Saturday, January 22, 2011
Over the past month Queensland has suffered massive floods and Victoria is now being inundated. As always happens when it rains, the bike paths were the first bit of transport infrastructure to go under. Guidelines advise a flood immunity immunity of 1 in 2 years for bike paths. This is most likely motivated by economic reasons rather than safety - but it is essential that safety be considered.
My local route to work is along a creek which doubles as a storm water drain. At some of the road underpasses it floods often. This is not too serious as there is a relatively simple and safe escape route/bypass that allows me to get past the flooded section.
The massive flood event like the one we just experienced has closed our major cycle routes into the city - not just for a few hours, but for weeks and some will be closed for months. The Bicentennial Bikeway is still closed a week after the floods. The floating walkway from New Farm to the Storey Bridge washed away and will take many months to replace. These routes are the active transport freeways into the city and carry around 10,000 pedestrians and cyclists a day. Where do these users go now that these routes are closed?
Many of the trips made on these routes are for fitness and recreation and will just not be made. But what about those commuting trips that still need to be made? On the Monday after the floods I ventured in to work by bicycle to see how things work. Unlike my local route home along the creek the alternative routes for these major cycle routes into the city are far from obvious. Many cyclists would see the alternative routes as rather hazardous and would probably choose not to cycle. It will be interesting to interrogate the data from count stations after the floods (hopefully some are working) to see how the floods have impacted on commuter cycling.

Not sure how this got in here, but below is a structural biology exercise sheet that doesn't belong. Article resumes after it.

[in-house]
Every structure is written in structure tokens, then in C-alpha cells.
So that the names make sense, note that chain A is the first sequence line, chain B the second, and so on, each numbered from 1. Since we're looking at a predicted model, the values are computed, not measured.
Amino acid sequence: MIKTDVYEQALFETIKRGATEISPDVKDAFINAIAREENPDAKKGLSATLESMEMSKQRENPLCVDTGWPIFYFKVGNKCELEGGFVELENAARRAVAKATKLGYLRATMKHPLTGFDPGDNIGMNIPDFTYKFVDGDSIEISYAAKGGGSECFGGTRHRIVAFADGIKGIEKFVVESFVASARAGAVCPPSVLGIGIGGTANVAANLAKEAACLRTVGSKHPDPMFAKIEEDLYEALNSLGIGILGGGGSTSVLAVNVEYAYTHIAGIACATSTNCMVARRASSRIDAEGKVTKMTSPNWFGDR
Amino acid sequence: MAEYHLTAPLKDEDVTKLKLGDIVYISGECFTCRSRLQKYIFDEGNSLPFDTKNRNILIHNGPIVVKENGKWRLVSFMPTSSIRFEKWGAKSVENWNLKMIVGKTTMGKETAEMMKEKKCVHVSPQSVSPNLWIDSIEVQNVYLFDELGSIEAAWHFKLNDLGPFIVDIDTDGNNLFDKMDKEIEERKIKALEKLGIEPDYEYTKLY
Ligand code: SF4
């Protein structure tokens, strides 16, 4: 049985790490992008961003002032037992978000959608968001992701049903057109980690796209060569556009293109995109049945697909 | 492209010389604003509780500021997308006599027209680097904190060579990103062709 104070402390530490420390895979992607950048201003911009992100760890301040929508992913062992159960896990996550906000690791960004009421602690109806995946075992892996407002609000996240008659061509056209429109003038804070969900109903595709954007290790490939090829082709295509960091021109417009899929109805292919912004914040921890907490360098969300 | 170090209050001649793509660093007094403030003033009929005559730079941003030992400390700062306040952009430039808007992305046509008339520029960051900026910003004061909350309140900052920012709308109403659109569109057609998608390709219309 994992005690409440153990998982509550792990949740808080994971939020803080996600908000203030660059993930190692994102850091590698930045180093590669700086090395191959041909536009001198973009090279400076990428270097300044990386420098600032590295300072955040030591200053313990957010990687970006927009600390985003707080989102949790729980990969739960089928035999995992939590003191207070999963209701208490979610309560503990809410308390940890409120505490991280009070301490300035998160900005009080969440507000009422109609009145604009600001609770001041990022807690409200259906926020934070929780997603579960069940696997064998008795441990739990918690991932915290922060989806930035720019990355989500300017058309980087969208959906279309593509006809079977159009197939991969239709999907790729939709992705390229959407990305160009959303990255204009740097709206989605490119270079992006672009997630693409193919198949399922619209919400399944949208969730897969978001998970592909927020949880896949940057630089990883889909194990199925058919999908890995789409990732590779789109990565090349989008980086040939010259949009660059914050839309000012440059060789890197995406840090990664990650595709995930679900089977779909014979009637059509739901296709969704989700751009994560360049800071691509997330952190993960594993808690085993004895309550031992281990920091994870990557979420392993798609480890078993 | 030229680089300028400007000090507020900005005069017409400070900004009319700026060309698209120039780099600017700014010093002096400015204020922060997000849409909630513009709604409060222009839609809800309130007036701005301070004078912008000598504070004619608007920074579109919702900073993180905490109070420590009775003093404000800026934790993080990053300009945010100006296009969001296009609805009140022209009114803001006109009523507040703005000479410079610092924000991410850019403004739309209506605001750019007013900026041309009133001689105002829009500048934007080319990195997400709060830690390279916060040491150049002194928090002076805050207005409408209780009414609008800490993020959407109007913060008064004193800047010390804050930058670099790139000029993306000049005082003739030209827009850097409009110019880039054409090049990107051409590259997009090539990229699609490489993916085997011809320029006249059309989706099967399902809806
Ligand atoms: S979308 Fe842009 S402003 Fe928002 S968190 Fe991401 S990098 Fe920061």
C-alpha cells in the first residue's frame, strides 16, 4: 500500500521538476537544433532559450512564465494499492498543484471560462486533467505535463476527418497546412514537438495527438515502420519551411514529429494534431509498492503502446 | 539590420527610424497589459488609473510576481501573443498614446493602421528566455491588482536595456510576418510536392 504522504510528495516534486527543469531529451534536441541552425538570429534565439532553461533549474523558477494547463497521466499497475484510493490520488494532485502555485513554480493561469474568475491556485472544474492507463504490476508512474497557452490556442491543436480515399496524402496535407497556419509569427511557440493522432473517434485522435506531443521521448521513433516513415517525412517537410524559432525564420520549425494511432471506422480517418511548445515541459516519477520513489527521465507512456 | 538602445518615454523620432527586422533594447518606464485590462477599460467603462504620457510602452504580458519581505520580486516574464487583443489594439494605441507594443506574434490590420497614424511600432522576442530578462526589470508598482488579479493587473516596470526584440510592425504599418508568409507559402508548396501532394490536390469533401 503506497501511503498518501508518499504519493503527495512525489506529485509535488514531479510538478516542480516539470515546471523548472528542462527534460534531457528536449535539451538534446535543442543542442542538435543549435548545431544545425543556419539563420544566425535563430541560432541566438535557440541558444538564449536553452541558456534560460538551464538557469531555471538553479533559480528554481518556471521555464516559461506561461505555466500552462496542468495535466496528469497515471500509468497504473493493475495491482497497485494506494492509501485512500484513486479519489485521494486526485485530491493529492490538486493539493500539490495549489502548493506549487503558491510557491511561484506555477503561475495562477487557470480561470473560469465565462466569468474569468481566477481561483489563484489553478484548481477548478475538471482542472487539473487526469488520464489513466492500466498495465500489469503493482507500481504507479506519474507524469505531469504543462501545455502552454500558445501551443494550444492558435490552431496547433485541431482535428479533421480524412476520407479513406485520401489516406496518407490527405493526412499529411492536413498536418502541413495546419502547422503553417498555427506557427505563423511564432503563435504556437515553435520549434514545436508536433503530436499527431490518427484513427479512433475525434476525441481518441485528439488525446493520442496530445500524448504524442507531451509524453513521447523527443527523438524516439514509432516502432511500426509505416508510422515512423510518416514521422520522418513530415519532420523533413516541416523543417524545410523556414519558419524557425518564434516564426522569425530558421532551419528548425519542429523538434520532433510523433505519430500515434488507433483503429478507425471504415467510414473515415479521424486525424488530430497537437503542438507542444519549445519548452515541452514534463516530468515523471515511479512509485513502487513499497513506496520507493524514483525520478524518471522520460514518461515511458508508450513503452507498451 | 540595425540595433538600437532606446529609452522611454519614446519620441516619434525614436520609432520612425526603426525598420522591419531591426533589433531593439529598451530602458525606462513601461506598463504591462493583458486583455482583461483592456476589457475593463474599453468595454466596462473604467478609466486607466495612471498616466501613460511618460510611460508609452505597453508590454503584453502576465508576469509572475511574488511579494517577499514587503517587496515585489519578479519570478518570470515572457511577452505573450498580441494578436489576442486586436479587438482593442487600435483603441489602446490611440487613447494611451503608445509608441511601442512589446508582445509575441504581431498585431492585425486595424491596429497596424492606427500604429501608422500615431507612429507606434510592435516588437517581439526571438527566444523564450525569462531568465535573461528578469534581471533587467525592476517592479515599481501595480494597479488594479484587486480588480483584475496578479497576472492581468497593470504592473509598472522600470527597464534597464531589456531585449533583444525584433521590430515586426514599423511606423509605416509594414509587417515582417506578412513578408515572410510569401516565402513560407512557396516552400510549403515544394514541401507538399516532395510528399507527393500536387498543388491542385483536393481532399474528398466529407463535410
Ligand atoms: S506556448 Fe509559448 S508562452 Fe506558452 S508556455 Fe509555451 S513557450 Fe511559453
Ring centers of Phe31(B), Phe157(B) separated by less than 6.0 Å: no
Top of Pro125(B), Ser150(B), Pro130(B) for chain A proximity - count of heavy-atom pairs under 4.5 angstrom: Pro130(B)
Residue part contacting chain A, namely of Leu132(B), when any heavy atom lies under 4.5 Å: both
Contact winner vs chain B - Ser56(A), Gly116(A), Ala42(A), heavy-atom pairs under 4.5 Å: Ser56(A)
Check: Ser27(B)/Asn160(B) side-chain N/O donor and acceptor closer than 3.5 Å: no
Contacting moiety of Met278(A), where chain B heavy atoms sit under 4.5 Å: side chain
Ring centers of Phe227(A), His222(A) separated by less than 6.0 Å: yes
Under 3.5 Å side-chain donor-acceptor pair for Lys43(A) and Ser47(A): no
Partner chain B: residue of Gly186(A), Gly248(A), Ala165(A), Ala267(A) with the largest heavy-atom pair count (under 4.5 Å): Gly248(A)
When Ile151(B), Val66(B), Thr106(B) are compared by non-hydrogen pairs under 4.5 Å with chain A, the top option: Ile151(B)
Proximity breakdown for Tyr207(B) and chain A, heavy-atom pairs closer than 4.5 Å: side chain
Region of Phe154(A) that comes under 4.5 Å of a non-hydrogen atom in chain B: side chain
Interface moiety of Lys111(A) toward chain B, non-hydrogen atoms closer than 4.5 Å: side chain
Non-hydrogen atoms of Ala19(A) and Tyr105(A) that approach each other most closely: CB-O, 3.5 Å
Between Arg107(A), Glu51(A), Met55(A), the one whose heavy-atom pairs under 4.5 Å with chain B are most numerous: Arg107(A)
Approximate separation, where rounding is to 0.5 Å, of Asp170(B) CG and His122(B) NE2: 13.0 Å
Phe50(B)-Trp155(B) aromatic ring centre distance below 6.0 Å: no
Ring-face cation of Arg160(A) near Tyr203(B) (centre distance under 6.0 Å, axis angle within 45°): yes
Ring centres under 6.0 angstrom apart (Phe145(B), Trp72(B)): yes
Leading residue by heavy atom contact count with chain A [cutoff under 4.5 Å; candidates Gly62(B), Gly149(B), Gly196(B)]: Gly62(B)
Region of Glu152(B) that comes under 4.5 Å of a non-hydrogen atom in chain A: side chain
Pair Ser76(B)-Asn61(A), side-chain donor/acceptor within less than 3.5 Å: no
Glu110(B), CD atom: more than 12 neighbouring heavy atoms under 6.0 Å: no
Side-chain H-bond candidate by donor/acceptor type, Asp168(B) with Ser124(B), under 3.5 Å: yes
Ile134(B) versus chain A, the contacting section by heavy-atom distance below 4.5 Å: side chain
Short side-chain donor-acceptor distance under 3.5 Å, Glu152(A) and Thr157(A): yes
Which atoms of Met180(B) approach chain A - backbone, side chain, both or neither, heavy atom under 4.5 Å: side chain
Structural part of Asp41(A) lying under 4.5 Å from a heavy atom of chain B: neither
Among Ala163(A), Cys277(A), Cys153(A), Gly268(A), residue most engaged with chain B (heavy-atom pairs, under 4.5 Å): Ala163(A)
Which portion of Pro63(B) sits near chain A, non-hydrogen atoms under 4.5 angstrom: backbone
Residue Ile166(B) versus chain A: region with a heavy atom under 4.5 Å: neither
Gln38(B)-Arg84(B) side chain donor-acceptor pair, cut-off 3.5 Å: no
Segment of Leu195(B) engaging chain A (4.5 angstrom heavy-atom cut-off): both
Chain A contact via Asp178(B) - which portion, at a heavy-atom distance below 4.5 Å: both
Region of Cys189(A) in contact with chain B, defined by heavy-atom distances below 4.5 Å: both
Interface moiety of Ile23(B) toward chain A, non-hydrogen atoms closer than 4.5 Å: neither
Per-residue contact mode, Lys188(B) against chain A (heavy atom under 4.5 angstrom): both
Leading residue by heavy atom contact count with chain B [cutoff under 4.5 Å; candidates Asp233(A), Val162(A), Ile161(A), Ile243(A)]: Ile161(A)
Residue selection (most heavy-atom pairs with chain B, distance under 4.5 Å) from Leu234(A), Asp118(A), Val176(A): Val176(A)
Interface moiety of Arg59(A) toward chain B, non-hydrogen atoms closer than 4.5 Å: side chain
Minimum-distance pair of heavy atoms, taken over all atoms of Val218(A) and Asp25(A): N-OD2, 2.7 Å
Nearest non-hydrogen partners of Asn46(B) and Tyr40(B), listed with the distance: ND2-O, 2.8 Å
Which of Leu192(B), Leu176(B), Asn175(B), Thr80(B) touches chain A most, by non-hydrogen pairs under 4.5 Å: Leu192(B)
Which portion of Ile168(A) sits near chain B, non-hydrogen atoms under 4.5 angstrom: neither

I believe this shows that we are too reliant on our fantastic off-road cycle routes into the city. There is a need to bolster our on-road cycle routes which can act as alternative routes during flooding or construction. They need to allow cyclists to safely bypass the closed section and they need to be legible. The cycle lanes on Grey Street provide an excellent bypass of Southbank and the southern portion of the Bicentennial Bikeway, but people need help to navigate through the alternative route.
Improved network legibility is not just about network resilience during unusual unplanned incidents (floods etc). It is vital during planned events that may close the normal route (festivals, construction, floods). Without this legibility the user (whether on a bicycle or on foot) is left wondering whether they should just risk wading through the flood waters because they see no alternative.